According to the civil suit, Williams would later use similar tactics to secure a total of $10.9 million from Busbice for what were described as promotional deals connected to “The Letters,” a film about Mother Theresa; the straight-to-video Christmas movie “Angels Sing,” starring Harry Connick Jr.; and Christian apocalypse flick “Left Behind.” The lawsuit was settled, with Williams and Brown ultimately ordered to pay $6.95 million and $3.5 million respectively to Busbice.

Williams, Brown and Seppala were arrested last year in the criminal case, which includes allegations that other investors were defrauded in addition to the claims previously brought by Busbice. Williams pleaded guilty earlier this fall, while Brown continues to face charges of fraud, attempted fraud and money laundering

Gates’ Connection To The New York Case

The New York film scam case is now being dragged into Mueller’s case against Gates due to what the prosecutors described as Gates’ and Brown’s “shared multiple financial and business interests.”

Their “long-term personal and business relationship” raises the possibility that Gates or Brown could be witnesses in their counterpart’s cases, prosecutors said.

Prosecutors pointed to a $50,000 transfer from Bade, LLC, a Gates-run entity, to Plainfield Pass, a company the producers told an investor was attached to one of the film projects in the New York case. Bade, LLC is among the entities Mueller alleges that Gates and Paul Manafort, the former Trump campaign chairman who has also been charged in Mueller’s probe, used to hide money made lobbying for a pro-Russian Ukrainian political party. Bade, LLC was also listed as a recipient of Republican National Committee funding for what appears to be for work Gates did for President Trump’s 2016 campaign, McClatchy reported.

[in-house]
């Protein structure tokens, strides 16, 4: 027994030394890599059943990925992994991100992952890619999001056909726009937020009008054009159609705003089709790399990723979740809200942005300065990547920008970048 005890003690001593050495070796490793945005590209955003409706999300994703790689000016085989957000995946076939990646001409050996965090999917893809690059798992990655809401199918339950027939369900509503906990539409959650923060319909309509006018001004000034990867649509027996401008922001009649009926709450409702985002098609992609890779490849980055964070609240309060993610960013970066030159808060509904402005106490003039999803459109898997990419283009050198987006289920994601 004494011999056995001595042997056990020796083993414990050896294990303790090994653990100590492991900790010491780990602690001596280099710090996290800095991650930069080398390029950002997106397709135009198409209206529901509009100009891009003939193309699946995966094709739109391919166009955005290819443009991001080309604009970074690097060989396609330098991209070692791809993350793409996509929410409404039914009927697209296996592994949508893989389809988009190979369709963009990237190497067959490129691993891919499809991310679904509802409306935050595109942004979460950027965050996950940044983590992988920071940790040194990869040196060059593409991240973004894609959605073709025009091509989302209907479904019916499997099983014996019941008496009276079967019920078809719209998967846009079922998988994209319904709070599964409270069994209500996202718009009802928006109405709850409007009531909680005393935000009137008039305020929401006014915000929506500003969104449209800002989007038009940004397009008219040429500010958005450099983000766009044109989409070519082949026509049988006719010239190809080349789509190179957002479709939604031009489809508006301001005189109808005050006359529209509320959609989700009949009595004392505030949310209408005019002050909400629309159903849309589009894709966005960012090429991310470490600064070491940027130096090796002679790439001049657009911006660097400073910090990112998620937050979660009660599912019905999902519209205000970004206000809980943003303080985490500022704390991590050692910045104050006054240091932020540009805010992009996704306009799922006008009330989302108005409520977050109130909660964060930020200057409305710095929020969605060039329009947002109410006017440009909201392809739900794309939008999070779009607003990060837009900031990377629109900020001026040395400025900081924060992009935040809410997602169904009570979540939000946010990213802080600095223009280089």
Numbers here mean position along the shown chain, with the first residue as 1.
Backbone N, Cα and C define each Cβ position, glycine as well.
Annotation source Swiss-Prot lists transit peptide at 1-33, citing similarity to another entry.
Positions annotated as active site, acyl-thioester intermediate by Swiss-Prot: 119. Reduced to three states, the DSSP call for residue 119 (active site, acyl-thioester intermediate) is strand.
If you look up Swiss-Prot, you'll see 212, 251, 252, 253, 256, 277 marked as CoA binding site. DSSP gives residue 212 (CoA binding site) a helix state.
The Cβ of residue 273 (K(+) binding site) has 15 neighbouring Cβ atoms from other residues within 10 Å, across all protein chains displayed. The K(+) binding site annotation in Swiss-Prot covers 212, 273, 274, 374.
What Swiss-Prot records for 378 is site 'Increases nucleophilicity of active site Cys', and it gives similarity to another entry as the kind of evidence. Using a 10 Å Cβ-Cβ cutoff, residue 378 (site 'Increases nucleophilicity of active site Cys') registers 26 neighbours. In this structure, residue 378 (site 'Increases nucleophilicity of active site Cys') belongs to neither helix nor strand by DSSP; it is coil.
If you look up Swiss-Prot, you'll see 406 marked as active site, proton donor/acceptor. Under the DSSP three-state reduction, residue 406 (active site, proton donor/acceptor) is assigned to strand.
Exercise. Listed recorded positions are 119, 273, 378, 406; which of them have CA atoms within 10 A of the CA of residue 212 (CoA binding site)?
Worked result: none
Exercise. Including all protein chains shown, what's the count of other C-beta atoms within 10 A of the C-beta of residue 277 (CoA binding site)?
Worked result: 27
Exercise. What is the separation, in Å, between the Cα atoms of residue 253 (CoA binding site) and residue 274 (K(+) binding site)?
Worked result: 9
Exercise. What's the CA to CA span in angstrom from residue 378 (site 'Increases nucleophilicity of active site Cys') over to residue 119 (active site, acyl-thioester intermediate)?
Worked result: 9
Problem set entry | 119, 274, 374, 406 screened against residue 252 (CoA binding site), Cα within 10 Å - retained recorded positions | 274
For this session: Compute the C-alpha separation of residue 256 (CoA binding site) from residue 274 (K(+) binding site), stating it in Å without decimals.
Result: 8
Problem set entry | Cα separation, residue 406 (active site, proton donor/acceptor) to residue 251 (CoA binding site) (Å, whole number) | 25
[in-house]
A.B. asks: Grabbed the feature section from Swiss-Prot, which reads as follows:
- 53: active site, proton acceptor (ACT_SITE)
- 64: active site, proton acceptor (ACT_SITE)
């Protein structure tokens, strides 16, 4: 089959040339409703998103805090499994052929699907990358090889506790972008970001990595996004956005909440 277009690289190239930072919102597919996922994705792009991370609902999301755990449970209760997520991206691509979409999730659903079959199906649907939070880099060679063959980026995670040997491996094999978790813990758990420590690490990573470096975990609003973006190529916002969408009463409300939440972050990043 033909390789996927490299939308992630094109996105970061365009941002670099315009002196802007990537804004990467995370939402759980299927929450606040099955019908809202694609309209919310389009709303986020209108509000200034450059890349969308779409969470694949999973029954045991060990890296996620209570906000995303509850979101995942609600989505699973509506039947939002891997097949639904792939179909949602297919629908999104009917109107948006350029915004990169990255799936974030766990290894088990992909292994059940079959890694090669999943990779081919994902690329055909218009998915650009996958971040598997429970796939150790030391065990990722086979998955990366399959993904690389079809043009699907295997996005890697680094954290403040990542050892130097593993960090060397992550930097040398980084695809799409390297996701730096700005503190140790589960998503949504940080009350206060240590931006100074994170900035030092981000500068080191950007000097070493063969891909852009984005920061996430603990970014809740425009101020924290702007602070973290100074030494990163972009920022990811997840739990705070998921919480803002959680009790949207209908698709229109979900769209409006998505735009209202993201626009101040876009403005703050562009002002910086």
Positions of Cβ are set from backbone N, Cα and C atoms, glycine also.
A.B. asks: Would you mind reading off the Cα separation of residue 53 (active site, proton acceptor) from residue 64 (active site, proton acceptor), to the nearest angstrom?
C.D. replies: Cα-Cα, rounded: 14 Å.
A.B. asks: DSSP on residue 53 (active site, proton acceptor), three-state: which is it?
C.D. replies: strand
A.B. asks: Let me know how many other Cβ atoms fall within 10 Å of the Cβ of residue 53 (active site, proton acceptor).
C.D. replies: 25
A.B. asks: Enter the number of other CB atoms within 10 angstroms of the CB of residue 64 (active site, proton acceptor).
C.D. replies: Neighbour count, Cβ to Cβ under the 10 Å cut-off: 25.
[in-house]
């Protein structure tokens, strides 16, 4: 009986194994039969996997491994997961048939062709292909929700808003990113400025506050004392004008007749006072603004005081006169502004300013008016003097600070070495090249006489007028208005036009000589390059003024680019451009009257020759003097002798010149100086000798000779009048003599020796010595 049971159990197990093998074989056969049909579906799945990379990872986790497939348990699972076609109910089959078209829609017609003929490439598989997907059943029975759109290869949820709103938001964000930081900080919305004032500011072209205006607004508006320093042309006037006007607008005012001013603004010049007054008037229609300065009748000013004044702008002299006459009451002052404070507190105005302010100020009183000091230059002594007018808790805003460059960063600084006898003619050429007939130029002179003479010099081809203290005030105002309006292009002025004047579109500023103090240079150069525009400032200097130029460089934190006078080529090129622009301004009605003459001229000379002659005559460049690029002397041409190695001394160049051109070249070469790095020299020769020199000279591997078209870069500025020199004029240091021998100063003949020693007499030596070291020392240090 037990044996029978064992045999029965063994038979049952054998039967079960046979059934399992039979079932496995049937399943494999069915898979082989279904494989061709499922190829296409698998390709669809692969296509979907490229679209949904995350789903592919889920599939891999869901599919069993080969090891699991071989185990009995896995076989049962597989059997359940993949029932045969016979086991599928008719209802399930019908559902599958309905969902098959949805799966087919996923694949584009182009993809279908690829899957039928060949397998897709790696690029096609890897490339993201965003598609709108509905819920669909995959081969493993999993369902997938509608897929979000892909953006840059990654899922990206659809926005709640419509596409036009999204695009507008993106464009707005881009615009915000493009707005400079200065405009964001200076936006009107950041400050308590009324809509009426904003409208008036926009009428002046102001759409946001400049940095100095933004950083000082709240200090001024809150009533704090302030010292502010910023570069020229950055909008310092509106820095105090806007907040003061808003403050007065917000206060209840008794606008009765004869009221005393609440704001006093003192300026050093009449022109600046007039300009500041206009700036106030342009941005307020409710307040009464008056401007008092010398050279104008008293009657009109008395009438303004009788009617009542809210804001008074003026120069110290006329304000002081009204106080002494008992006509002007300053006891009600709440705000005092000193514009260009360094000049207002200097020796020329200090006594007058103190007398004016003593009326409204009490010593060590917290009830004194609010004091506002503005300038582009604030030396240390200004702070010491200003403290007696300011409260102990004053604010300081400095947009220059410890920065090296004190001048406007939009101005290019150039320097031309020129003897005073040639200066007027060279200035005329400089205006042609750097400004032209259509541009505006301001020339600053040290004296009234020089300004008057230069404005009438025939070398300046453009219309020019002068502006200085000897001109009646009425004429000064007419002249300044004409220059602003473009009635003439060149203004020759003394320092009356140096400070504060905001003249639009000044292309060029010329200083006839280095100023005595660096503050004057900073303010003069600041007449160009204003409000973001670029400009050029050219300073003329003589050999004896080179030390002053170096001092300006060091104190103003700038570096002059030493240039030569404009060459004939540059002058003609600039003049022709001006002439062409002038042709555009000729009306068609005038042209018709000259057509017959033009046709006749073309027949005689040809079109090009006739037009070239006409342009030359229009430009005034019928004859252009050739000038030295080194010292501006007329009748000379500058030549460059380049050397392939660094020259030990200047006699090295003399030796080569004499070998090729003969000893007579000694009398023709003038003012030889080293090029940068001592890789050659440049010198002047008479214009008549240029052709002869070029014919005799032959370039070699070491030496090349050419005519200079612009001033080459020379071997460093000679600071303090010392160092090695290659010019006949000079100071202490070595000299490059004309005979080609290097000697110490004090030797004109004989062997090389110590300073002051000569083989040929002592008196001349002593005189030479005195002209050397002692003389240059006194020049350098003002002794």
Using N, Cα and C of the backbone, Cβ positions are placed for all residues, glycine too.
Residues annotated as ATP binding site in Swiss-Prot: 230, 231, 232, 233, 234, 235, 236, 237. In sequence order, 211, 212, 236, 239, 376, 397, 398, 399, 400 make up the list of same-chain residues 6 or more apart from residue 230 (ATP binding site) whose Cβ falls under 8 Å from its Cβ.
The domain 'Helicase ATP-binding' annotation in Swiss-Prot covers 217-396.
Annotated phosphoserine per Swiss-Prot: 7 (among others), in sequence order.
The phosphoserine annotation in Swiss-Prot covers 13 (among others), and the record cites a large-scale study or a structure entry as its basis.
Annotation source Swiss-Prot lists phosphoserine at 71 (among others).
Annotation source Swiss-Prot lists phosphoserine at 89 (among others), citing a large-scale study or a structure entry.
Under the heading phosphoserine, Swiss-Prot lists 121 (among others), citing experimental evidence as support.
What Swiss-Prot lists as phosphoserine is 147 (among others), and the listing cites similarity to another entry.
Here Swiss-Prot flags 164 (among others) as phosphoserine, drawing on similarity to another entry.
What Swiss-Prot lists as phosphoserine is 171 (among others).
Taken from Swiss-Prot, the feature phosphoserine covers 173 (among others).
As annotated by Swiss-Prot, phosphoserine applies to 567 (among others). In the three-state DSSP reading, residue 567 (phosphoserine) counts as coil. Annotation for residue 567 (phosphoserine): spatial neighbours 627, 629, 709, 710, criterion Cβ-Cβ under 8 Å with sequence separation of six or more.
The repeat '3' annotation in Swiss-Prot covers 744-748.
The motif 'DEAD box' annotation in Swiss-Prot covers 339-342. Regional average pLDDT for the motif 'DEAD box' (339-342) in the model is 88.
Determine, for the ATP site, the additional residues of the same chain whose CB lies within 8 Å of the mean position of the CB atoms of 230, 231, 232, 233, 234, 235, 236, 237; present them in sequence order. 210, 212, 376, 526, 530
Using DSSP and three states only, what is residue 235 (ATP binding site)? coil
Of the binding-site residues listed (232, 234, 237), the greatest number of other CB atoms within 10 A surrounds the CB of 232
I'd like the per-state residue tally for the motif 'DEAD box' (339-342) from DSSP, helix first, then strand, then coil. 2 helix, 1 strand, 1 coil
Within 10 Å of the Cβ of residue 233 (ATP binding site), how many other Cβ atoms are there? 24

At one time Brown did work for the lobbying firm run by Gates and Paul Manafort. DMP International paid Brown a total of $40,000 in 2012 and 2013 for “political and media out reach” for its client, Ukraine’s Party of Regions, according to disclosure forms filed by the firm.

The recent Mueller filings reference another Ukrainian connection:

“In addition, during the period at issue in the New York indictment, Brown and Williams repeatedly discussed, including in meetings with Gates, the possibility that Gates would arrange for certain Ukrainian clients to invest in a print and advertising fund for film distribution, to be run by Brown and Williams.”

According to Mueller’s filing, Brown and Gates allegedly shared an interest in MAP Global Holdings, a company behind the film 2017 film “Walk Of Fame,” which starred Clint Eastwood’s son Scott. The film is one of three that Gates is listed as a producer of on IMDB.

Brown and Gates are partners at MAP Global Holdings, where they each “share recourse liabilities in the amount of $3,355,125 and $3,355,126, respectively,” according to prosecutors.

Those and other film-related assets and liabilities “do not appear to have been included in Gates’s personal financial statement submitted to the government as part of his bail package,” Mueller’s court filing said. Mueller’s team has told the judge in Gates’ case repeatedly that it is struggling to pin down Gates’ net worth in order to hash out a deal to release him from house arrest.

The potential conflict of his lawyer is not the only issue Gates is facing in connection to the New York film fraud case.

In filing earlier this month, Mueller noted that Gates had listed as a surety for a potential bail package someone who was already listed as a surety an unnamed defendant in a New York case. That surety, it turns out, is Marc Brown. Mueller’s team sounded less than convinced of his reasons for supporting Gates in a filing last week that said they “seemingly do not have a significant relationship” and they had “not had regular contact over the past ten years.”

“In an interview with the Special Counsel’s Office on November 16, Marc Brown listed as a reason for seeking to support Gates that they belonged to the same fraternity (although they did not attend the same college) and that, as such, he felt duty bound to help Gates. Of note, Marc Brown’s financial assets were significantly lower, almost by half, than previously represented by Gates,” the filing said.